Dispatches from the Digital Revolution

Confessions of a genre fiction addict

The time has come to reveal a shameful secret.

It’s not the can of SpaghettiOs I keep tucked behind the boxes of penne in my cupboards. It’s not my nail-biting habit, or my compulsive cycle of buying and returning shoes, or the fact that I sometimes pair pinot noir with Doritos. No, to most of the bookish people I work and study with, it’s far worse than that.


I am a genre junkie. Fantasy, sci-fi, mystery, urban fantasy, romance, most especially anything with fangs or kilts on the cover. Throw it in the cart. I think there’s room under the family-size bag of MSG-laden tortilla chips.I am risking the scorn of my fellow Appazooglers to tell you this because of an interesting truth: genre fiction, specifically romance, is one area in which we can quantify the growth of digital sales. In its 2010 Annual Report, Torstar, parent company of romance publisher Harlequin, boasted that the company’s North American digital sales more than tripled in the year. In its third quarter filings for 2011, Torstar reported continued growth in digital sales—and that revenue was up overall, meaning that rocketing digital sales more than compensated for declining sales of print books.

As the digital revolution marches on, publishers and booksellers struggle to anticipate just how much digital sales will impact print sales. We struggle to figure out just what’s selling as an ebook. This is hard to do, because no two genres are growing alike. Digital fiction does better than digital nonfiction, but to what extent? What factors are driving people to buy digital over print?

In the case of genre fiction, I have identified two suspects. One is the mass market format. These books simply aren’t intended to last very long. They’re small, the paper is thin, and it yellows quickly. While I am a big fan of mass market paperbacks—so small! so light!—these aren’t the books I’m hoarding for my grandkids. When a book wasn’t going to be printed to last anyway, I can easily see readers choosing digital over print. If they’re like me, they’ll read the book in a sitting and not pick it up again, eventually carting it off to the fine people at Salvation Army. Buying digital saves you the trip when you finally tire of dusting the oeuvre of MaryJanice Davidson.

The second, though, is the shame factor. We can’t say for sure; shame isn’t easily quantifiable, nor is it something people like to talk about. I spent many years skulking about those ignoble aisles in Barnes & Noble and the grocery store, hiding my literary junk food under Nabokov novels and bottles of shampoo. Amazon was a balm to my embarrassment; I could buy “quality” books in public, and my smut would arrive on my doorstep in nondescript brown boxes. Buying an ereader and going digital would just be another step on the road to closeted, shame-free genre enjoyment.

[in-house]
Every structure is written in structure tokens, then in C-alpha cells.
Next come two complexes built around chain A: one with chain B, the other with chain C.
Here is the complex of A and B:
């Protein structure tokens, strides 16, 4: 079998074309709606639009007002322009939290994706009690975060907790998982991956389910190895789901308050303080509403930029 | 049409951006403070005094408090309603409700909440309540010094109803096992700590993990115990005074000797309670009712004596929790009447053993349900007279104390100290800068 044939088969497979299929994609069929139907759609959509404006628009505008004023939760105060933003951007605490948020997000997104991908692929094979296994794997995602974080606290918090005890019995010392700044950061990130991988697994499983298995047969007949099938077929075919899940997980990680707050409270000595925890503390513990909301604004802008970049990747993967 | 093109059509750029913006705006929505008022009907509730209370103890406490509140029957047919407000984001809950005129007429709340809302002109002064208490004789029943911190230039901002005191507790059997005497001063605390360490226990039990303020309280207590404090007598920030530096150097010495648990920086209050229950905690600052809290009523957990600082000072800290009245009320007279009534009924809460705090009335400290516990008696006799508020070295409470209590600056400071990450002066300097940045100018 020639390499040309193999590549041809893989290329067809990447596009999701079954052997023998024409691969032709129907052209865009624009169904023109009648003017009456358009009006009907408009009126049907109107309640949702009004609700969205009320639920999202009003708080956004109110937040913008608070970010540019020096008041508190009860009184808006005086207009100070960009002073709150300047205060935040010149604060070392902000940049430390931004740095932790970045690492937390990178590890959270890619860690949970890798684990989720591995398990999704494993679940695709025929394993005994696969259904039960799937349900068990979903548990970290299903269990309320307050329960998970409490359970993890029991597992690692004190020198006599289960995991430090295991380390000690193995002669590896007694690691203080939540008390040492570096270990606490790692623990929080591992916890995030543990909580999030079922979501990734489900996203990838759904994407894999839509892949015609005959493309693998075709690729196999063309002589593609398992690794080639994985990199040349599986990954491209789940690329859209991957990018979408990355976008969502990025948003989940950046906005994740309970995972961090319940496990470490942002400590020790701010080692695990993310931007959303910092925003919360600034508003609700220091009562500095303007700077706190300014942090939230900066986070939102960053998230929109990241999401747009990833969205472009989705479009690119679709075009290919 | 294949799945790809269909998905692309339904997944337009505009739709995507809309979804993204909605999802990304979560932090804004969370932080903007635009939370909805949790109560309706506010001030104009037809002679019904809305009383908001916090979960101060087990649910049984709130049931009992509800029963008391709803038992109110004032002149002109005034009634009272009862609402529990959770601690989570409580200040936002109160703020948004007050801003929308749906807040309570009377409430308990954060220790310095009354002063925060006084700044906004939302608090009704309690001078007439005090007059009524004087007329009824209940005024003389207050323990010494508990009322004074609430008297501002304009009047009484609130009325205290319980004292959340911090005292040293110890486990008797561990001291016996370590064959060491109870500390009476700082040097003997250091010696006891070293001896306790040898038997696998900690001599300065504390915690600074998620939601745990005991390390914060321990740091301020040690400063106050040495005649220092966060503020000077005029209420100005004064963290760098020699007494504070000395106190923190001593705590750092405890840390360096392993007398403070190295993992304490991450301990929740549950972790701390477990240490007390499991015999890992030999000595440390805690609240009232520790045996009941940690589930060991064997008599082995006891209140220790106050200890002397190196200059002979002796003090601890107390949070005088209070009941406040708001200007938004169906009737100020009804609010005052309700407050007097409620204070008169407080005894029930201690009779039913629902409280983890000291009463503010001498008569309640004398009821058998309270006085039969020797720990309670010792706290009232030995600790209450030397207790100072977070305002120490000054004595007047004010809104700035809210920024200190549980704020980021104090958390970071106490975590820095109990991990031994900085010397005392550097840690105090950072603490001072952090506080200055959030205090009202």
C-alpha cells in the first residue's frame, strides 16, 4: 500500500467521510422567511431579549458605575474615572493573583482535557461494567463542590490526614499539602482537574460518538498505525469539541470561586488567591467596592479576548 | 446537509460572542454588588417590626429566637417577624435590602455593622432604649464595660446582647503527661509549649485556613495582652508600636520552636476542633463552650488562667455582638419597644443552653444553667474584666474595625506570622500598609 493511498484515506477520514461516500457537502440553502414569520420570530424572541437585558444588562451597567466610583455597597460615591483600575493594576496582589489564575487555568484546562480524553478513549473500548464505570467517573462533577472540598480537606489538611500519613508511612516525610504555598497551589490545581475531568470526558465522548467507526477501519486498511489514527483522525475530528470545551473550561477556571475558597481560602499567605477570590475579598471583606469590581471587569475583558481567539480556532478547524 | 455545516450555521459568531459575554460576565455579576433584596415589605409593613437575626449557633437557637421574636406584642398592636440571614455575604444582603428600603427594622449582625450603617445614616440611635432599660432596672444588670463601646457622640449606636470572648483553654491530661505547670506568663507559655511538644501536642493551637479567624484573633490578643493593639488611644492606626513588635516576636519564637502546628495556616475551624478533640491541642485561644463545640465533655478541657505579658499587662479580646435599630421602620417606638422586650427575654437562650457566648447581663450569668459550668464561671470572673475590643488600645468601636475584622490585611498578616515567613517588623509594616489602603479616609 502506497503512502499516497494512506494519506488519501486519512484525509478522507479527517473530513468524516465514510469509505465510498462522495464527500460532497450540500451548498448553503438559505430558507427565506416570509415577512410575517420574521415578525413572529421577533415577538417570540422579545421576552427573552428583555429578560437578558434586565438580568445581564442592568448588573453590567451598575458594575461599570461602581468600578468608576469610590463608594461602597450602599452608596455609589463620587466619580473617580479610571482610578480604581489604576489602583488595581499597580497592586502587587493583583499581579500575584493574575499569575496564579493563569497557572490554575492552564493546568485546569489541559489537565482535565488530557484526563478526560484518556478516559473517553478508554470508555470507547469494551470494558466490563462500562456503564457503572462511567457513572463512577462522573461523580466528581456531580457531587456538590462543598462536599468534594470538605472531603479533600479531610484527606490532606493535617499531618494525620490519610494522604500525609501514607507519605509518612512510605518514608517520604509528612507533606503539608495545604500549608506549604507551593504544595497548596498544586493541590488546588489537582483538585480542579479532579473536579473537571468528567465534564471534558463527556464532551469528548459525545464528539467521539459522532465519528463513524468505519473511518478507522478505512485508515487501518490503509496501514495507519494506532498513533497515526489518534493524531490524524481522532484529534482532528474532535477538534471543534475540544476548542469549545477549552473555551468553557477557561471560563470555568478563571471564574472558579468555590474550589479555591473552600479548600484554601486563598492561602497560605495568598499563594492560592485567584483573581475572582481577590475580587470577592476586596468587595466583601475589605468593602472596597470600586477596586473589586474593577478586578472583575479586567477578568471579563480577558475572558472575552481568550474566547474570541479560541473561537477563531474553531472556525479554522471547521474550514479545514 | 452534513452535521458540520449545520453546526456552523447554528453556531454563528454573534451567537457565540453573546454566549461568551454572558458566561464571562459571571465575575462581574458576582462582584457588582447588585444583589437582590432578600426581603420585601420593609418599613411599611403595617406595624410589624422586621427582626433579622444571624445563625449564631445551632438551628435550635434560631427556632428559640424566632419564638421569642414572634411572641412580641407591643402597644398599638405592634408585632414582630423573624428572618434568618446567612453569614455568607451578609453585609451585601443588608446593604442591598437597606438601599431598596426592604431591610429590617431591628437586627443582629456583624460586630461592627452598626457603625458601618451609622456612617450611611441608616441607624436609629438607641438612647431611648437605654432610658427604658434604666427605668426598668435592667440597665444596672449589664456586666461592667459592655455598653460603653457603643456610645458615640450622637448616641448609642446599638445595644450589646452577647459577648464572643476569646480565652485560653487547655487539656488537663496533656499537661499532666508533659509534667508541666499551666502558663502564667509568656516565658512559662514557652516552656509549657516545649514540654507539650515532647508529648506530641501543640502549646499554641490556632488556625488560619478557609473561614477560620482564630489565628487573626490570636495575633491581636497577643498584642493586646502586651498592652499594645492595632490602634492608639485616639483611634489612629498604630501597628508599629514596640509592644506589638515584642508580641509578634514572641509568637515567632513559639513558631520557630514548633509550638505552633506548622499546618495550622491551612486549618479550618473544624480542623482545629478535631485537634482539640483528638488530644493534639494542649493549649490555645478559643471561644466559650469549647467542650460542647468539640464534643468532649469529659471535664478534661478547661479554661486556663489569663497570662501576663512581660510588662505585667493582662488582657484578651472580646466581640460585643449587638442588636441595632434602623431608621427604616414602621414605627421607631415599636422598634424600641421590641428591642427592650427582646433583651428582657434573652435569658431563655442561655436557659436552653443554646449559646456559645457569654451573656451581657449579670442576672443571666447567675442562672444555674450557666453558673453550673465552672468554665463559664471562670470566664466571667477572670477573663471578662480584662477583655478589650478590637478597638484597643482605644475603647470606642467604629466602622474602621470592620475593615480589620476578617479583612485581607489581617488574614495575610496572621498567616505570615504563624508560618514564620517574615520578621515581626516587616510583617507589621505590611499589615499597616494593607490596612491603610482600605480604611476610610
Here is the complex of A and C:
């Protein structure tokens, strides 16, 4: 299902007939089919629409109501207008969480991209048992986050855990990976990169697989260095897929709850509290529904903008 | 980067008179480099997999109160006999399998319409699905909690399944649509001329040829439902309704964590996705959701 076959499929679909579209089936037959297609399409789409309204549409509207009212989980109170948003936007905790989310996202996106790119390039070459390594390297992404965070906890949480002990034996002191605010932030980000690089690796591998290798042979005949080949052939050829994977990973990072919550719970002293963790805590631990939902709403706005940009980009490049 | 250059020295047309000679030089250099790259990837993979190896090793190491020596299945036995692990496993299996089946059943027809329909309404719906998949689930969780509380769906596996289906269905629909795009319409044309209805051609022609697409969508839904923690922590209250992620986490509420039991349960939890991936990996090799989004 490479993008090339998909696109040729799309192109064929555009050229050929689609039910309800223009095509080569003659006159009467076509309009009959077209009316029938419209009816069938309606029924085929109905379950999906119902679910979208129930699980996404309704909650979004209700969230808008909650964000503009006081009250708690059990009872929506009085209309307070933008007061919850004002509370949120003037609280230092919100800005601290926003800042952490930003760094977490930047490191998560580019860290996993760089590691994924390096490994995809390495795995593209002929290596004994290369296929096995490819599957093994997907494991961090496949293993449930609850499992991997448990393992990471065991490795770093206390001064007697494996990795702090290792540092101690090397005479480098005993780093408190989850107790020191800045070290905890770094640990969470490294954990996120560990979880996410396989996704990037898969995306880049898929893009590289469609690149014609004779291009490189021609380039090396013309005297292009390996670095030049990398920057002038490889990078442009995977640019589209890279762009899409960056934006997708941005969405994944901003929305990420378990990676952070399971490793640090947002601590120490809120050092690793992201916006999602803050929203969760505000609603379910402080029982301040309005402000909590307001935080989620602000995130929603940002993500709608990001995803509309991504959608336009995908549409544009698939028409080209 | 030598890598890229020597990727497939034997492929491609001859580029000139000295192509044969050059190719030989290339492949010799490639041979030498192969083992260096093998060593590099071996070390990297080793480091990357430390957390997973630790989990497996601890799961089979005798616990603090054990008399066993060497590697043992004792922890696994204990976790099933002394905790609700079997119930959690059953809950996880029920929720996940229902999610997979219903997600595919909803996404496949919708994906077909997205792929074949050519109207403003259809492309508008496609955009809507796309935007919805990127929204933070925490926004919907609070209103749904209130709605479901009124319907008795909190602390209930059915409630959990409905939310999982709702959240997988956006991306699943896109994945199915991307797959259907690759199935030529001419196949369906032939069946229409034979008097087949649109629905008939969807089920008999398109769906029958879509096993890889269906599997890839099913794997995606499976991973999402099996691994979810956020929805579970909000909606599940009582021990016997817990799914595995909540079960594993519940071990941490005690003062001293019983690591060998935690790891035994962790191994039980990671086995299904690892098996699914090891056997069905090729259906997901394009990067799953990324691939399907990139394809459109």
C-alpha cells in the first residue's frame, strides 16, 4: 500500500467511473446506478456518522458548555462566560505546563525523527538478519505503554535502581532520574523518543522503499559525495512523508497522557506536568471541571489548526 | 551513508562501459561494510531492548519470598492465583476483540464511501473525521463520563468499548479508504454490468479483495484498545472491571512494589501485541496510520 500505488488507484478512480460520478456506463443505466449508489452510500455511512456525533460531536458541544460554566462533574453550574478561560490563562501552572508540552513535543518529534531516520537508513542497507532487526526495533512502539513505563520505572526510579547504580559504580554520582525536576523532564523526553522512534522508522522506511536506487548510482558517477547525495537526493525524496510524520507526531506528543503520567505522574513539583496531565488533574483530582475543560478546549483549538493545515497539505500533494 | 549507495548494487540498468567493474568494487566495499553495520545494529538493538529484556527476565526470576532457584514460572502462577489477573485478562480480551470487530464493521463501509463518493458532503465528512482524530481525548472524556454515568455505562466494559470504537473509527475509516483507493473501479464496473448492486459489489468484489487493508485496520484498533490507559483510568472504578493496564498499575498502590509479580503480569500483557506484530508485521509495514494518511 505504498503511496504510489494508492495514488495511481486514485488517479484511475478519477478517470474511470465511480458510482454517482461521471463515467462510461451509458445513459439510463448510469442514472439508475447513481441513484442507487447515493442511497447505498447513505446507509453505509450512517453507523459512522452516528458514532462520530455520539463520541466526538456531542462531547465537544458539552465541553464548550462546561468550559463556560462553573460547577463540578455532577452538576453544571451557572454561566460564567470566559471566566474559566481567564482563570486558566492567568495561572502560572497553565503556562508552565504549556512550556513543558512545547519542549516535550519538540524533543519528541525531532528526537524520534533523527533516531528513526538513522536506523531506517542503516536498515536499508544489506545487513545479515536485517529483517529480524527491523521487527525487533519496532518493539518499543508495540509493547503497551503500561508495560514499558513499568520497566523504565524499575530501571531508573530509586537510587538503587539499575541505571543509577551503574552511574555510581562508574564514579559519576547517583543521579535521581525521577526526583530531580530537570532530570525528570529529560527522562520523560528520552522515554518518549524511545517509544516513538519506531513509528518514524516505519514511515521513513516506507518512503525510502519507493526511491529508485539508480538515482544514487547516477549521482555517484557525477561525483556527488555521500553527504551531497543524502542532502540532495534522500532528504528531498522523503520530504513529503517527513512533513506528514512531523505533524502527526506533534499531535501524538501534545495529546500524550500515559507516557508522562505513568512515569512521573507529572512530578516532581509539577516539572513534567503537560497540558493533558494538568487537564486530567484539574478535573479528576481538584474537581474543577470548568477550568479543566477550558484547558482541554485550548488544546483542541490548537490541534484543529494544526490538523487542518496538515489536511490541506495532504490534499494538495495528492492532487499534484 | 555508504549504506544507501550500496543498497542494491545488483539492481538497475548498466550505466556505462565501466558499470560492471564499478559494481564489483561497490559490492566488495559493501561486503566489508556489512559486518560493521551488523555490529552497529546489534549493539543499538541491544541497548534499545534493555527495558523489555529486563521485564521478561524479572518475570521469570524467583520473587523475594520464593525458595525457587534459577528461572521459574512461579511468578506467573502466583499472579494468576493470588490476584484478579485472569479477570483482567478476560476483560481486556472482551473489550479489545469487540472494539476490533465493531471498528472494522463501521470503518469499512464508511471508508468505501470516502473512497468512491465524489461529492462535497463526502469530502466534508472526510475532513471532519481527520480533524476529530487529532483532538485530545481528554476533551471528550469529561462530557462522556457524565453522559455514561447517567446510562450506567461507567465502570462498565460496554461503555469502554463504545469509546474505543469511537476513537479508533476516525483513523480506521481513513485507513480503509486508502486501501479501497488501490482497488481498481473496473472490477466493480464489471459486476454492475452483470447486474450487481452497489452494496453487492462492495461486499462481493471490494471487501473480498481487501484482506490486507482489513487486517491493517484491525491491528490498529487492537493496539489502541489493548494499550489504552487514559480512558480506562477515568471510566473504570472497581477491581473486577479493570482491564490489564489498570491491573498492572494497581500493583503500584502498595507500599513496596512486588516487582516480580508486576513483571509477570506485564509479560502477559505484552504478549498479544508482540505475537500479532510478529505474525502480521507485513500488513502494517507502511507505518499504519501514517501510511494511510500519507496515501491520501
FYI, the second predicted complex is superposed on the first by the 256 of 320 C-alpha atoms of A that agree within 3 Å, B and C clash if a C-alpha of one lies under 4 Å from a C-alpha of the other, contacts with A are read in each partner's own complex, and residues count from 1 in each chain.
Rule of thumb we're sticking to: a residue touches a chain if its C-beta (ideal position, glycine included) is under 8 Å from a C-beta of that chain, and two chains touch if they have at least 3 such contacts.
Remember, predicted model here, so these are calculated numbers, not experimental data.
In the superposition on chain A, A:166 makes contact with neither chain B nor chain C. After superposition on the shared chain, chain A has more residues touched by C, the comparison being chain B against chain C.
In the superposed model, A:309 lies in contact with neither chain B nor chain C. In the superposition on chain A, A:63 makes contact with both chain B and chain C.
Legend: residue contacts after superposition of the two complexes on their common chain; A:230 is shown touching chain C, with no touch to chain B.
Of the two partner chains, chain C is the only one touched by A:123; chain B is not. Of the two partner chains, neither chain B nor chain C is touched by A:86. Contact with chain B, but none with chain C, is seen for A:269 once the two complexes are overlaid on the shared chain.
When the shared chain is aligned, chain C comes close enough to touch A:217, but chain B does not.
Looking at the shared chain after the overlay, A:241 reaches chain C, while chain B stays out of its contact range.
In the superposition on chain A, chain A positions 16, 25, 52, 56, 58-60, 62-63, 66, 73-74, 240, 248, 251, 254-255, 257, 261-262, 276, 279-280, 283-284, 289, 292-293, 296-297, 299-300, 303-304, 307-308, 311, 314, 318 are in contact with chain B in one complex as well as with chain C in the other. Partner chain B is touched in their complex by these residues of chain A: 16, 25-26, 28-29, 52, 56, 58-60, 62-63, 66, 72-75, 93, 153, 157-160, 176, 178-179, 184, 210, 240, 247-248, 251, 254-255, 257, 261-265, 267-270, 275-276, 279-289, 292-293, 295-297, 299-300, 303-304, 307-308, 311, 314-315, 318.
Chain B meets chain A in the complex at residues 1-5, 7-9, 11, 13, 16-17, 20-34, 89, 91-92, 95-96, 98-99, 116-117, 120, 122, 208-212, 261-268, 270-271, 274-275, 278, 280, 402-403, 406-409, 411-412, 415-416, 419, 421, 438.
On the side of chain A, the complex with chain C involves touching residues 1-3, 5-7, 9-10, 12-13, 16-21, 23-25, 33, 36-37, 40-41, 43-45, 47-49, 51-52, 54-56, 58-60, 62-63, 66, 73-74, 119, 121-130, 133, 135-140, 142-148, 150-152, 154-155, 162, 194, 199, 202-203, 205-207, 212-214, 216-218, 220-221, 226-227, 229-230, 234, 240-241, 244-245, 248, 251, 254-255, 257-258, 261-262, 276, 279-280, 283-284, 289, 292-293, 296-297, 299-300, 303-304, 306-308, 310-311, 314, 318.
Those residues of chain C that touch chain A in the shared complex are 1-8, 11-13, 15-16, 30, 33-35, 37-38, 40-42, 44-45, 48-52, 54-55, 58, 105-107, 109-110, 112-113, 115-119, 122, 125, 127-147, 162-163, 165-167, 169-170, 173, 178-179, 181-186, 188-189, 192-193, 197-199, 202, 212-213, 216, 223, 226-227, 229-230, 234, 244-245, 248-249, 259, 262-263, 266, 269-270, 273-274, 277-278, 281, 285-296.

I know this won’t hold true for all genres or all genre readers. But I would be willing to bet that perceived prestige plays a larger role than many would care to admit in our book buying habits.

7 comments on “Confessions of a genre fiction addict

  1. Molly Trover
    December 4, 2011

    Don’t worry, we can be genre junkies together. My romance books tend to feature hunky Civil War soldiers on the cover, but I’m quite interested in the kilts as well. Book swap? Great post…I had no idea the digital sales for that genre had increased to such an extent!

  2. Jenka Eusebio
    December 4, 2011

    Great post! And no feelings of scorn from me. My entrance into the world of literature was, after all, framed by piles and piles of YA fantasy books. You make many valid points here, which gets me to thinking how other genres respond to the digitization of books.

    Now it’s my time for a few confessions of my own: experience leads me to believe that there is quite a bit of overlap between the science fiction/fantasy market and the RPG (Role Playing Games) video game market. I’m not ashamed to say that I used to play RPGs primarily to figure out how the plot was going to unravel. The ‘gaming’ aspect was somewhat secondary to my enjoyment of the story, music, and visuals.

    With this in mind…I have a feeling that this section of the market would be pretty receptive to enhanced (hey, maybe even interactive!) e-books.

  3. Jenna Gilligan
    December 9, 2011

    I think price is a third factor–I’ll bet the growth of this sector is in part fueled by how easy it is to get these books for free on Amazon. They don’t take up room on your shelf, no one sees you reading them–and you don’t have to pay for them? Or you only have to pay $1.50 for them? That’s pretty hard to resist.

    I think that’s another reason that fiction in general does better in ebook form than nonfiction. A nonfiction book, you can pretty much tell if you’ll like it before you buy it–like history? Try this history book. Like gardening? Try this gardening book. For me, at least, it’s a lot harder to predict if I’ll like a novel just by reading a quick description of it…having to only pay $9.99 for it makes me more likely to take the risk.

    • Frantik
      January 9, 2013

      I just picked up a used copy of Dune a clopue of days ago for $0.50. I’m not sure when I’ll get around to starting it. I really don’t want to start any more series until I finish up a few, particularly The Dark Tower and The Belgariad. With TDT I have 3 books to go; Belgariad, 2 (I think). That’s not counting the Mallorean, which I think is a sister-trilogy to Belgariad.

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This entry was posted on December 4, 2011 by in Culture, Opinion and tagged , , .

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